In 2019, a metal cylinder in a vault outside Paris will be replaced with a new way to measure mass based entirely on the laws of nature.

Why is this important?

The metal cylinder, known as the International Prototype Kilogram (aka “Big K”) is the kilogram. It is the standard for measuring mass in almost every nation on Earth. It is also, however, an antiquated artifact of a bygone era.

Big K is indeed the last “artifact,” or physical prototype of measurement, of the SI. It represents not only the mass of the kilogram, but an idea that goes back thousands of years, when actual physical objects defined all measurement systems. Think ‘hands,’ ‘stones,’ ‘feet,’ and ‘cubits.’

Over the course of the twentieth century, some of the metric units of measurement were redefined in terms of natural constants. Measurement standards defined by natural phenomena are exceptionally accurate, precise and reproducible. But the kilogram, and the measurement units derived from it (such as force, which is measured in newtons), were not among them, until a vote on November 16, 2018, changed the way the world measures mass.

There is a reason the kilogram had not been redefined until recently, and why “Big K” still had a job: devising something better has been extremely difficult. The new definition starts with an agreed value for a quantum-mechanical quantity called Planck constant (represented by a lowercase *h*).

In 1999, NIST scientists first proposed the idea of defining the kilogram by assigning a fixed value to the Planck constant. This would be done by using a Kibble balance, a complex device named after scientist Bryan Kibble, who conceptualized it in 1975. The Kibble balance matches mechanical power, such as that generated by a moving kilogram mass, to an equivalent amount of electrical power, such as that generated by the voltage in a special coil in the device. The amount of voltage in the coil is proportional to Planck’s constant *h*. So, the Kibble balance could first use an exactly defined mass to measure the value of *h*, and then reverse the process: by using an exact fixed value of *h*, the same system could measure an unknown mass. A second proposed method would define the kilogram in terms of the mass of a silicon atom by counting the number of atoms in a 1 kg sphere of ultra-pure silicon-28 (the most abundant isotope of silicon, which contains a total of 28 protons and neutrons).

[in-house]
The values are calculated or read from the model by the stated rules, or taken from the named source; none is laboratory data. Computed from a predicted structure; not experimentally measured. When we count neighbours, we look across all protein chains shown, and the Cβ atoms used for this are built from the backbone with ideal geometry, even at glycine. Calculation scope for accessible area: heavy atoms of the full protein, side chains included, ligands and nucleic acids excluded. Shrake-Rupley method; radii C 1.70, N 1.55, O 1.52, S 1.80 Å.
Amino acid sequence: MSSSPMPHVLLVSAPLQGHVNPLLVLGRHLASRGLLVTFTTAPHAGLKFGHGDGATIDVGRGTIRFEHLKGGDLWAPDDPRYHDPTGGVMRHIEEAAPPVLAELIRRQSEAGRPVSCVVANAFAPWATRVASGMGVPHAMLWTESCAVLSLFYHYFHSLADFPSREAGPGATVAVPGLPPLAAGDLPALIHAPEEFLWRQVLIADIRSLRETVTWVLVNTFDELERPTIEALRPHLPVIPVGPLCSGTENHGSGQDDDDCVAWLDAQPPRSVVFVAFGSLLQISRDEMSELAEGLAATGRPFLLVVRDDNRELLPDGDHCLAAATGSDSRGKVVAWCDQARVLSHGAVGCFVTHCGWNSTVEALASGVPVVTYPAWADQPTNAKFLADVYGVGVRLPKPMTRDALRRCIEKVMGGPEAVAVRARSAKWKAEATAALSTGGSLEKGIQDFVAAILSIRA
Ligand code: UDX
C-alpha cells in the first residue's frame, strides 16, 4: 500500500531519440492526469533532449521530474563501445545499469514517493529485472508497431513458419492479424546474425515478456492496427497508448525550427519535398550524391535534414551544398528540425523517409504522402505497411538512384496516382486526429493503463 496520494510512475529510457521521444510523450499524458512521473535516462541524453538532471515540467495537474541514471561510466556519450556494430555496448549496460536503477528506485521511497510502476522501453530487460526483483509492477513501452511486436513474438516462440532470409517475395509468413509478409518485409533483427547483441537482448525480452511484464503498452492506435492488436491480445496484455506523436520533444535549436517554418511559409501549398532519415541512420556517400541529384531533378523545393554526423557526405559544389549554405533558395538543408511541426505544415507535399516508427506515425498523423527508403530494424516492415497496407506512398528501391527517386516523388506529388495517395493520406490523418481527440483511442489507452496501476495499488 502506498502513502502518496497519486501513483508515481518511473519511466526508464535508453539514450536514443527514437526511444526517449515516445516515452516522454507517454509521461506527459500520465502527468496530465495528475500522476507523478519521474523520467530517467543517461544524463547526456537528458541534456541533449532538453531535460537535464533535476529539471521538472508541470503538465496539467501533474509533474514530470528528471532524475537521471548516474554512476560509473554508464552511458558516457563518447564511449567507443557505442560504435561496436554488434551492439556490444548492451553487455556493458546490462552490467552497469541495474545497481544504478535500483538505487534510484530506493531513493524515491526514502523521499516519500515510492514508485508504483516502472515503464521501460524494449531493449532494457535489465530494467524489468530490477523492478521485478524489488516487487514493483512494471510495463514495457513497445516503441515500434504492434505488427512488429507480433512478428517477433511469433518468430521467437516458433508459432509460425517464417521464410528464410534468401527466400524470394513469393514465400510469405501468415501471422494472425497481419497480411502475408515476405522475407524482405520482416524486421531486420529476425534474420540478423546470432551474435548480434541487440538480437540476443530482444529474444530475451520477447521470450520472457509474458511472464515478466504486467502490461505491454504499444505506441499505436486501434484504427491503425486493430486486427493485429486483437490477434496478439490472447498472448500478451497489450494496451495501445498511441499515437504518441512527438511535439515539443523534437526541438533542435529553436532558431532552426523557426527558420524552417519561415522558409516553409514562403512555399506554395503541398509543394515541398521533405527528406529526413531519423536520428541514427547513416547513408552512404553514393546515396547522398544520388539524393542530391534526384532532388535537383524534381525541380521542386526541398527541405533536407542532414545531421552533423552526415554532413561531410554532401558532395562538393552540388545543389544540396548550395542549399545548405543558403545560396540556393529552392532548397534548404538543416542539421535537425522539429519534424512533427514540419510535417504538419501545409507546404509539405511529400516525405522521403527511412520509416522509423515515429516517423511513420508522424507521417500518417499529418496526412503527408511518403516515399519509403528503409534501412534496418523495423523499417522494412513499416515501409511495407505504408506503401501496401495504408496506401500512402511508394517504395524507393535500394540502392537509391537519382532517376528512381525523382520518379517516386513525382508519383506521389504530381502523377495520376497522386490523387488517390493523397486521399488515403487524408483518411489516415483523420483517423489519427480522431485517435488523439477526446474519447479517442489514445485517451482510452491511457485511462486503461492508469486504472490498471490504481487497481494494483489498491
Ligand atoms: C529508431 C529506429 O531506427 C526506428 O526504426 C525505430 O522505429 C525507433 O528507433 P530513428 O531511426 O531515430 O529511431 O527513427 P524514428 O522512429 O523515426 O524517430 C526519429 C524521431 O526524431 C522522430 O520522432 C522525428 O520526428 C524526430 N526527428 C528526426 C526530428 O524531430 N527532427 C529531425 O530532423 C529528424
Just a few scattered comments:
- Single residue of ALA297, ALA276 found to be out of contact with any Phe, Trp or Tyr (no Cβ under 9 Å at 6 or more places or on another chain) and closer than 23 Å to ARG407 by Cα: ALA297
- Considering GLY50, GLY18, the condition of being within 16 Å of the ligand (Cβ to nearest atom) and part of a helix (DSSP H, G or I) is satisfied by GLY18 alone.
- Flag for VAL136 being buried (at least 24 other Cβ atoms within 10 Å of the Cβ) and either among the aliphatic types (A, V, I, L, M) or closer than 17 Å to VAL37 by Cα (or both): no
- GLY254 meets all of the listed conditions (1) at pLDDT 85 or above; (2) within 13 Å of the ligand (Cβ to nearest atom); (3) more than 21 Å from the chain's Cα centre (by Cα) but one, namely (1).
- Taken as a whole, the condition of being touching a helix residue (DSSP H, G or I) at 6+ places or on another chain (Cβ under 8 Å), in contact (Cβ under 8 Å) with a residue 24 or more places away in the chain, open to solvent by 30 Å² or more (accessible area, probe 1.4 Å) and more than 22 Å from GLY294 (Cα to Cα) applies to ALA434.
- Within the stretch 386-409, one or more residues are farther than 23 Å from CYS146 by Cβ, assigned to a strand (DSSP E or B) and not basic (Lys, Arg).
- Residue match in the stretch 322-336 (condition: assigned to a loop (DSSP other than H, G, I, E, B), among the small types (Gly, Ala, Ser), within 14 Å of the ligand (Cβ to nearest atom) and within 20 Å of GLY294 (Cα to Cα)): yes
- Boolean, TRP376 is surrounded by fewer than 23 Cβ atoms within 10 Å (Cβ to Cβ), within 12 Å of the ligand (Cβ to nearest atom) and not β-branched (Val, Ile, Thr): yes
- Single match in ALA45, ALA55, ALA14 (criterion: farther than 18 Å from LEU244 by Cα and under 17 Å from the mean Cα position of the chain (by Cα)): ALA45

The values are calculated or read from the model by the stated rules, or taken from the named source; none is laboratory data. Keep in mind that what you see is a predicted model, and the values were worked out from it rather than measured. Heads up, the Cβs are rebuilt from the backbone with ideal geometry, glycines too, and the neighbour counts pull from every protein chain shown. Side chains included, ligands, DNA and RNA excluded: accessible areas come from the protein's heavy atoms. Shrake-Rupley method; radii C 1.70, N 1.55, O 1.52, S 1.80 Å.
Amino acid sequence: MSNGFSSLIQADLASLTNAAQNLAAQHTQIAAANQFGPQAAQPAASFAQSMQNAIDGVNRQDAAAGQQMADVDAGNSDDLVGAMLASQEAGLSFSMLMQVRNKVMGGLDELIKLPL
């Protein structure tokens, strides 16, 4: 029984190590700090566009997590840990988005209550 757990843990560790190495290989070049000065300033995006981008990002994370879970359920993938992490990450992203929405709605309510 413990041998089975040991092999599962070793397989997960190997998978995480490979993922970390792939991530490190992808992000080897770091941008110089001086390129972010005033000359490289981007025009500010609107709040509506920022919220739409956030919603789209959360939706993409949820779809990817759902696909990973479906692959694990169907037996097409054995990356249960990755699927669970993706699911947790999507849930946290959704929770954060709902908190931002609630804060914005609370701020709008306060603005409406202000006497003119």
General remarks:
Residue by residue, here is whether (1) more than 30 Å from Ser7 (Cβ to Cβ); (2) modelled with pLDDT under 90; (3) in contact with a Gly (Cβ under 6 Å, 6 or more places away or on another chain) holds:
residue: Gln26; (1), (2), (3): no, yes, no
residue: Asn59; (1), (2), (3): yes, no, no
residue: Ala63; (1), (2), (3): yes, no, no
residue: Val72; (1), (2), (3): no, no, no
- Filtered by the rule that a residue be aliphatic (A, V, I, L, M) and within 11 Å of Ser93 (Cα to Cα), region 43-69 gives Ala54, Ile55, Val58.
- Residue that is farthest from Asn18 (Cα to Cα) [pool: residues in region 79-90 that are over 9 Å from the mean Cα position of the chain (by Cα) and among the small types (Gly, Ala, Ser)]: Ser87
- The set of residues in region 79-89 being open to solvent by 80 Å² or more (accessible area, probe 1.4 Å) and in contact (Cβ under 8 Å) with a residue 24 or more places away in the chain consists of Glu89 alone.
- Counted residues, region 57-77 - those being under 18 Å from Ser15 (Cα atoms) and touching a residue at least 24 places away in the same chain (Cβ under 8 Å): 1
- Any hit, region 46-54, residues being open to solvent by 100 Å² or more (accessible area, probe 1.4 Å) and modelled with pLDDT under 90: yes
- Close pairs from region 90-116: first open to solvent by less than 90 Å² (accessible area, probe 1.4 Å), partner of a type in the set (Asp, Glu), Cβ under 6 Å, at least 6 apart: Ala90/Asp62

The General Conference on Weights and Measures, which oversees the International Bureau of Weights and Measures, endorsed the idea of using these new methods to redefine the kilogram with a few requirements, including: 1) at least three independent experiments had to produce a mass measurement that was accurate to 50 parts per billion, 2) at least one of them had to be accurate to within 20 parts per billion, AND 3) the results of the Kibble balance and silicon sphere methods had to agree with each other to a statistical confidence level of 95 percent. The agreed-upon value of Planck’s constant was established in October 2017, and a paper about this new value was published in January 2018.

The improvements to measurement science made possible by the redefinition of the kilogram will allow unprecedented scalability, meaning that measurements of the impossibly large to the vanishingly small will be linked through fundamental constants of nature.

If experience is an indicator, the implications for the future will be compelling. The 20th century redefinitions of the second and the meter enabled the development of GPS, the internet, and interstellar navigation. The vote to redefine the kilogram redefined not only how to measure a kilogram, but also three other measurement units, those used for measuring temperature (kelvin), electricity (ampere), and amounts of substance (mole).

The decades of work put into the kilogram redefinition culminated in a November 16, 2018, meeting of the General Conference on Weights and Measures (Conférence Générale des Poids et Mesures, CGPM) at the Palace of Versailles in France. Attended by scientists from around the world, the representatives from more than 50 nations came together and voted to officially implement the new definition of the kilogram and the units derived from it. The world’s nations will begin to implement these new standards in May 2019. Therefore, U.S. schools will need either new or updated curricula to teach students about this major improvement in how measurements in industry and science will be made.

Created November 27, 2018, Updated November 28, 2018